I’ve never been a heavy drinker. Before last year, I drank 1-2 times a week, generally composed of a single glass of wine. But in 2017 I got divorced and my consciousness, covered in black, felt no qualms about self-soothing with tequila. By the time that the emotional rain began to ease, I was craving a drink with lunch if my morning had been stressful. This was a red flag to me. Had a crutch been born?
One core truism that I’ve learned as a Health Coach and in my own wellness journey is: the body has its own wisdom; it knows what to do. Inspired by an article by Cayla Vidar published on Medium, I decided to commit to my own personal challenge to abstain from alcohol for 21 days with the goal of uncovering whatever biological and emotional insights might be hidden by alcohol. I wanted to "clear the clutter” provided by alcohol and tune into my body’s own reactions.
The following are my observations:
Vanity is revealed. Getting a table for one is embarrassing, my pride won’t let me do it. For some women, dining alone is a matter of logistics; they dine alone on business travel regularly. But, I lost a lover, a playmate, and a beloved dinner partner. I never dined alone before divorce because I never had to. The silence of absence is deafening. In the privacy of my home, I dine alone without loneliness or the loud emptiness of company. I am, in fact, never lonely when I am alone. But if I want tequila, I prefer to leave the mixing to someone else. To request a table for one, there is the implied question of: for a party of just one? One hostess, in an effort to be thoughtful, offered me a magazine when leading me to a table and was moderately incredulous when I declined. To dine alone is to expose myself to pity. To sit at the bar is to order a drink. This is how I discovered that drinking at the bar was a cover for dining alone.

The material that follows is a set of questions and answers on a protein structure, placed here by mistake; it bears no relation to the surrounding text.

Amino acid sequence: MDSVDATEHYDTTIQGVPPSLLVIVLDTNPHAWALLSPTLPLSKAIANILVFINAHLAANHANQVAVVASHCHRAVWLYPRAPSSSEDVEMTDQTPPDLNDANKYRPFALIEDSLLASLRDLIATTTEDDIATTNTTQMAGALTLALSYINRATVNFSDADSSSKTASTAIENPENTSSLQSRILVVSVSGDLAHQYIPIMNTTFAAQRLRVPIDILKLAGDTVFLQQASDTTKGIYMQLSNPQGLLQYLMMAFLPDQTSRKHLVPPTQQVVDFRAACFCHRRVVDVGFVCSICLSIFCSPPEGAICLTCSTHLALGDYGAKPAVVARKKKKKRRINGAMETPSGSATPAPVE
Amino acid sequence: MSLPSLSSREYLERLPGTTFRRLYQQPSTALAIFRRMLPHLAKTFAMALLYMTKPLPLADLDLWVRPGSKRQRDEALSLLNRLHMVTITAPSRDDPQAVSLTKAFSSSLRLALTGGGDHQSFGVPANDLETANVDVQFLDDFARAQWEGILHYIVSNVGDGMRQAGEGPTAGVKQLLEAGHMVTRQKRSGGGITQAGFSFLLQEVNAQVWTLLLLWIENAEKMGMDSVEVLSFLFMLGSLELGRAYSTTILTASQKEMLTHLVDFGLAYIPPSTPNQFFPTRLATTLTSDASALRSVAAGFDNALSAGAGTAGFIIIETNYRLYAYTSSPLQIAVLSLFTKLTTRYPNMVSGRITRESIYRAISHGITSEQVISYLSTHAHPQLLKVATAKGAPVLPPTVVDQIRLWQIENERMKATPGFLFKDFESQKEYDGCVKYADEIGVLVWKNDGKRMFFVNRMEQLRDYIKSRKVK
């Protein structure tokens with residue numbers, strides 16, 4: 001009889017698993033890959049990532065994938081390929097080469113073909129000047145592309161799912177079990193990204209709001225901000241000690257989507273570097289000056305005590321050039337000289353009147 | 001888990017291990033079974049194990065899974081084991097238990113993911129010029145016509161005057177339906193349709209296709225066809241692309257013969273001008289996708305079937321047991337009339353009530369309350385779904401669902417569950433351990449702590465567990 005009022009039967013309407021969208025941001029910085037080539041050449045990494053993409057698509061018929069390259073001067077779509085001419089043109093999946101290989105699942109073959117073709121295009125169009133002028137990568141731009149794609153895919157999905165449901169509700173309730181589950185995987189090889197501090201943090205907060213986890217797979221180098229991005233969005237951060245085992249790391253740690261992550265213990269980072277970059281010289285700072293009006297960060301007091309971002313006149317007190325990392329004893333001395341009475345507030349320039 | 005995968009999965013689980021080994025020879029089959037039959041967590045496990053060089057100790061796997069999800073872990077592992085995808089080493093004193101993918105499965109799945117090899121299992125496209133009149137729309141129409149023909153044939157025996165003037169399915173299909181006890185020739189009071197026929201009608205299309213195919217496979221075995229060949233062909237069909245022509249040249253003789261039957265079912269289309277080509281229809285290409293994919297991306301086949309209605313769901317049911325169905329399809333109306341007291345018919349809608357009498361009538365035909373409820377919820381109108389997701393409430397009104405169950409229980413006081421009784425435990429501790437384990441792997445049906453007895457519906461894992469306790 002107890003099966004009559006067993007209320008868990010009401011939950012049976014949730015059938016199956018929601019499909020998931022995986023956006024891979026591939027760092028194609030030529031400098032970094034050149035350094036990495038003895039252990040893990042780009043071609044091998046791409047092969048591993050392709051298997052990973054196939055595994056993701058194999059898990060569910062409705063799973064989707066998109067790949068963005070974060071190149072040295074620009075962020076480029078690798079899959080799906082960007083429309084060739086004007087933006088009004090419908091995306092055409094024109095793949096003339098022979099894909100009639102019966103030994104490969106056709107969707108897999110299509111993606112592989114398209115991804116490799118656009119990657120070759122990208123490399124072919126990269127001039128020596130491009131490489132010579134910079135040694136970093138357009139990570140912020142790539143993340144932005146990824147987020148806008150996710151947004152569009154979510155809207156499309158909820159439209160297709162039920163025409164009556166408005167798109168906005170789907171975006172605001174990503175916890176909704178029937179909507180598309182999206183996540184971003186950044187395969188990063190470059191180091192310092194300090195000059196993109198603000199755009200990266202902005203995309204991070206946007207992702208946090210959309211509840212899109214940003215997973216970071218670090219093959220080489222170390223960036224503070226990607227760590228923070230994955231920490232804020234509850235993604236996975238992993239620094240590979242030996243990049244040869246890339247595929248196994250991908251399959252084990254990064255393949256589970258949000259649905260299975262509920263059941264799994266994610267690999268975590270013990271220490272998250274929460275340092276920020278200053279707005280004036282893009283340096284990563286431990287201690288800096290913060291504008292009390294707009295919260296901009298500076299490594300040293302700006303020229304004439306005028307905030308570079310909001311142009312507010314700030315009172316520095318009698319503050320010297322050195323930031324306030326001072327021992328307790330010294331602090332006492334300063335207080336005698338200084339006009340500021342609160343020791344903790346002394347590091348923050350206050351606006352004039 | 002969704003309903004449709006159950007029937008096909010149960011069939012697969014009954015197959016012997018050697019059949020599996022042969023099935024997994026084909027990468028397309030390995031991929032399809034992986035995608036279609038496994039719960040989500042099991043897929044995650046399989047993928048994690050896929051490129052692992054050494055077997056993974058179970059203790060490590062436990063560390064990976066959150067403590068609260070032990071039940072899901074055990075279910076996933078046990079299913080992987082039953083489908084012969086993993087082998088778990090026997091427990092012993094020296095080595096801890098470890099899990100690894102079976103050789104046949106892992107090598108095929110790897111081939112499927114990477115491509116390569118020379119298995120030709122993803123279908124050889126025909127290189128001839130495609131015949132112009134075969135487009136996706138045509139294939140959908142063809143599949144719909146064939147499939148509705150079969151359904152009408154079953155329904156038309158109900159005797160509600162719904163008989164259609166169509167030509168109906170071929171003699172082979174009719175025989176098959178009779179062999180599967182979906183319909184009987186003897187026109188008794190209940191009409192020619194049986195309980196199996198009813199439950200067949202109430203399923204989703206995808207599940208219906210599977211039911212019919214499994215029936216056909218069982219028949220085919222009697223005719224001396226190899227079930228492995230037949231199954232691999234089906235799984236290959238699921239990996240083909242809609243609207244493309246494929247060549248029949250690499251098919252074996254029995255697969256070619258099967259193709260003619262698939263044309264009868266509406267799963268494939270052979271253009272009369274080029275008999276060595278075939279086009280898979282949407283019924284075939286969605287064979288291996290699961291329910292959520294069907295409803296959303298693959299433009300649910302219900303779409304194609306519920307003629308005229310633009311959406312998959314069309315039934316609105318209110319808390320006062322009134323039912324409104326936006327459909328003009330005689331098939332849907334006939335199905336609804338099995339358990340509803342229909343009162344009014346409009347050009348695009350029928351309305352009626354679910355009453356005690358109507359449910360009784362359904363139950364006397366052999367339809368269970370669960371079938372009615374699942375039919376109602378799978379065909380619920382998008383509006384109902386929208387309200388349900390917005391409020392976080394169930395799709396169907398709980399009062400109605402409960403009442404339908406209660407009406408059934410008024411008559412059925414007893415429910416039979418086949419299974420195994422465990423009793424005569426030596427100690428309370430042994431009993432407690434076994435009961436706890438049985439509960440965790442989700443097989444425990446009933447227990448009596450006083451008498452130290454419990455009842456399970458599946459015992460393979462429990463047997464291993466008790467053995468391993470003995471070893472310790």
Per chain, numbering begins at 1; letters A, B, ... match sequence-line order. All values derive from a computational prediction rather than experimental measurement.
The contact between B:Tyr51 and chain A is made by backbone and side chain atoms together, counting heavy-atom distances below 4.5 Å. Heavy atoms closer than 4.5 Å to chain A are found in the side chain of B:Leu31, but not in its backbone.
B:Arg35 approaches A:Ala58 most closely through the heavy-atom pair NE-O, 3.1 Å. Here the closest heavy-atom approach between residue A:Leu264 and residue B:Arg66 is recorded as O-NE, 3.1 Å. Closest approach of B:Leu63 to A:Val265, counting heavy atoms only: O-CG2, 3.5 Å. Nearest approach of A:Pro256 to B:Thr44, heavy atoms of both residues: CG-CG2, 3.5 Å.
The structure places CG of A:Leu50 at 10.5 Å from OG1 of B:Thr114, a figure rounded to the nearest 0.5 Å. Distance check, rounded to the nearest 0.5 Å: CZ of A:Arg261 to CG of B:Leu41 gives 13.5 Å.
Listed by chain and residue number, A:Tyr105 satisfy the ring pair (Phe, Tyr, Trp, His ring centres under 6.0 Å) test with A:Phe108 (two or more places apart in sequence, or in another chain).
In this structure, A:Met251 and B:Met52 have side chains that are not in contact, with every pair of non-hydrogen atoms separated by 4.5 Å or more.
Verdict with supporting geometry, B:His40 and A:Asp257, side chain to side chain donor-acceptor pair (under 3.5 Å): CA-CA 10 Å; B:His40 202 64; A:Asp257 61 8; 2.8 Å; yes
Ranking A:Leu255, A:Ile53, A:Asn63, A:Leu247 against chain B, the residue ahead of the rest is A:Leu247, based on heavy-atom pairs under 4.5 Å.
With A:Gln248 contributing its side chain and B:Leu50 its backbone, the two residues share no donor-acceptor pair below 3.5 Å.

Creativity replaces drinking. I considered having a drink every single day for the first 5 days without exception. Anytime around and after lunch was fair game. It was hard to tell if the desire for a drink was exaggerated by the knowledge of abstention because “deprivation breeds desire for the forbidden”. By day 6, I started to find new ways to spend the mental energy previously occupied by suspended desire. I was no longer craving habits that induced me to drink, I no longer wanted a drink when I was stressed. I craved instead artistic expression when I was stressed, when I had free time, when I was bored. My artistic hobbies were reborn.
Unconscious habits are illuminated. One day I experienced a long, tense day at work and a tiff with a loved one. As I was leaving work, my first thought was Centrolina, my favorite Italian restaurant in DC with fresh roasted Branzino and a bartender who knows me by name. Rosé on my own at the bar is my desired stress medicine. Except I was still under terms of absentia. I rolled my eyes when I considered this stupid cessation of normality. Then I wondered: what else could I do to accomplish calmer, smoother nerves in the manner of tequila without the tequila? The answer proved to be: quiet meditation in my home, tea by twilight.